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Reforming public services: the opportunity the non-profit sector gives

For quite a while the New Public Management (NPM) approach to public services ruled the roost. But, rightly, its power is now on the wane. It became too rigid, too much about targets, had perverse effects in a number of...


For quite a while the New Public Management (NPM) approach to public services ruled the roost. But, rightly, its power is now on the wane. It became too rigid, too much about targets, had perverse effects in a number of places, and de-professionalised front line staff in ways that did no good for those they were there to serve.

This is all to the good, for NPM as a way of thinking of how we deliver good public services is just too limited. We must not jettison everything that came with that agenda in a fit of pique. For instance who would want to seriously get rid of A&E waiting targets, or league tables that give parents and patients useful information? Nobody on the progressive side should want to stop citizens having some choice over where they get their treatment, or what help for their disability they receive. And let’s not throw out all the regulation carried out by organisations like the CQC and Ofsted that look out for poor quality services that let our people down.

But if we want to move on from NPM we have to head in some new directions – and this gives a chance for the voluntary sector and progressive thinking to come together to ensure we move forward – and not back.

The drift of Corbynite policy towards public services is so far a bit unclear but if it is anything like the approach to private services and industries it may end up being about wanting to keep (or even return) most things in-house and avoid all contracting out. Just as some seem to pine for a golden age when every industry was run directly by the state, so others look back to a supposed nirvana when local government and other bits of the state ran everything – however good or bad the services to citizens.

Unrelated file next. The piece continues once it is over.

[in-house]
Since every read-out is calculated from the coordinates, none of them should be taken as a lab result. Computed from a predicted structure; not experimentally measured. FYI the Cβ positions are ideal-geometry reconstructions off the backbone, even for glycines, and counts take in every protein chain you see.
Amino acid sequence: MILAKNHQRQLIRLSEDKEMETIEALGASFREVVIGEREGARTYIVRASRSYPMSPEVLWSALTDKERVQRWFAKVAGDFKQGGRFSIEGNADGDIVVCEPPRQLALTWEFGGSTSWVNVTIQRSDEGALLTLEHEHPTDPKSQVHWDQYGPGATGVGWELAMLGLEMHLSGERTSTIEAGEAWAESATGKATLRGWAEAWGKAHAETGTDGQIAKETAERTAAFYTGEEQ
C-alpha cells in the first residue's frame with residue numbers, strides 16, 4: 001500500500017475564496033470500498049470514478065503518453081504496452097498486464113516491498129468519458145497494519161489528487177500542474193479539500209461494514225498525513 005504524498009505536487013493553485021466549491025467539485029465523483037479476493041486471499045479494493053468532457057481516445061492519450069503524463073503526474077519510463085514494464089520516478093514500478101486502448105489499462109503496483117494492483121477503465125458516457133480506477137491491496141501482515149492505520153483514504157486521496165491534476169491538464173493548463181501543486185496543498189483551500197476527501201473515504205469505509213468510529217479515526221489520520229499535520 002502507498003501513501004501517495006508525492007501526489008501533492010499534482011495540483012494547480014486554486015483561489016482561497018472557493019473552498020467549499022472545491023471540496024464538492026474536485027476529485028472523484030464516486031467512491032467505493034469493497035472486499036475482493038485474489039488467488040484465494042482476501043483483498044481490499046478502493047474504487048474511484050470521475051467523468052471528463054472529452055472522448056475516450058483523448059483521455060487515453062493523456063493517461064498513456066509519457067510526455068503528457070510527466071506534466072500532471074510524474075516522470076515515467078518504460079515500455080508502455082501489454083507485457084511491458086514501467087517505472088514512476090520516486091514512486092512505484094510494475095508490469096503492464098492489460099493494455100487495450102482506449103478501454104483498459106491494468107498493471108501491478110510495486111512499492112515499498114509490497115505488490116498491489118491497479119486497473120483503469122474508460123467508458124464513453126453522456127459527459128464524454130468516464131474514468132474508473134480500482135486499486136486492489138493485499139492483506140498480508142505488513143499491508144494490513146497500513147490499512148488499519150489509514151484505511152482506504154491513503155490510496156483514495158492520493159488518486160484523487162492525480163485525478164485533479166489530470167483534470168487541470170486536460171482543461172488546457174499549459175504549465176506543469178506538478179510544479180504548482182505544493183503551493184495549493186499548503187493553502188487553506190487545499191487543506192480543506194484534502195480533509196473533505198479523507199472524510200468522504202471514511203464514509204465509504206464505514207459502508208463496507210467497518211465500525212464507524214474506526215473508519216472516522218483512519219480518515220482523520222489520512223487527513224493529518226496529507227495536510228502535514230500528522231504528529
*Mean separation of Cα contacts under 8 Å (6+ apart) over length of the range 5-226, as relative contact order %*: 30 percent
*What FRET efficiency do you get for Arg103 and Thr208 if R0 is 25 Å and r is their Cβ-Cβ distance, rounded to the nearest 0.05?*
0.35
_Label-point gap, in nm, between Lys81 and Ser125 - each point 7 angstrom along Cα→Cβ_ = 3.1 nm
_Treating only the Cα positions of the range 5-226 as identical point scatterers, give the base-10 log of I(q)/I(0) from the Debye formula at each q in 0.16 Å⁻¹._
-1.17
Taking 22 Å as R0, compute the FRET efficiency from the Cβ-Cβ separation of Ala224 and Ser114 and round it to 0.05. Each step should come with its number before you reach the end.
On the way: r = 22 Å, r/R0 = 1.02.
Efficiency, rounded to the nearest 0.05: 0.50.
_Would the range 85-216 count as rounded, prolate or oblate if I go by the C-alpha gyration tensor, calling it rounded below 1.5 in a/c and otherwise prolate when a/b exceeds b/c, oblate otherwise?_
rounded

Of course the left has always been suspicious – probably too suspicious – of the use of private providers to deliver public services. Their endless search for profit means you can never trust their motives or underestimate their guile in cutting corners and while many provide great services we take for granted, there are enough high profile examples of failure from the likes of G4S and Serco to keep this suspicion alive and well.

So one answer that emerges is to use non-profits – charities, voluntary groups, social enterprise – as those providers.  And this makes sense even more when our understanding of how to really address some of the hardest social issues suggests that we want more of our services based on the assets of the individual, family or community and less just working out their needs and filling them; that we want services delivered with citizens not just done to them (co-production is the ugly term for this); that we want a state that is relational in its approach to those it claims to help rather than being top down; and that we want to work in a preventative way, acting before problems emerge not once they have reached crisis moments.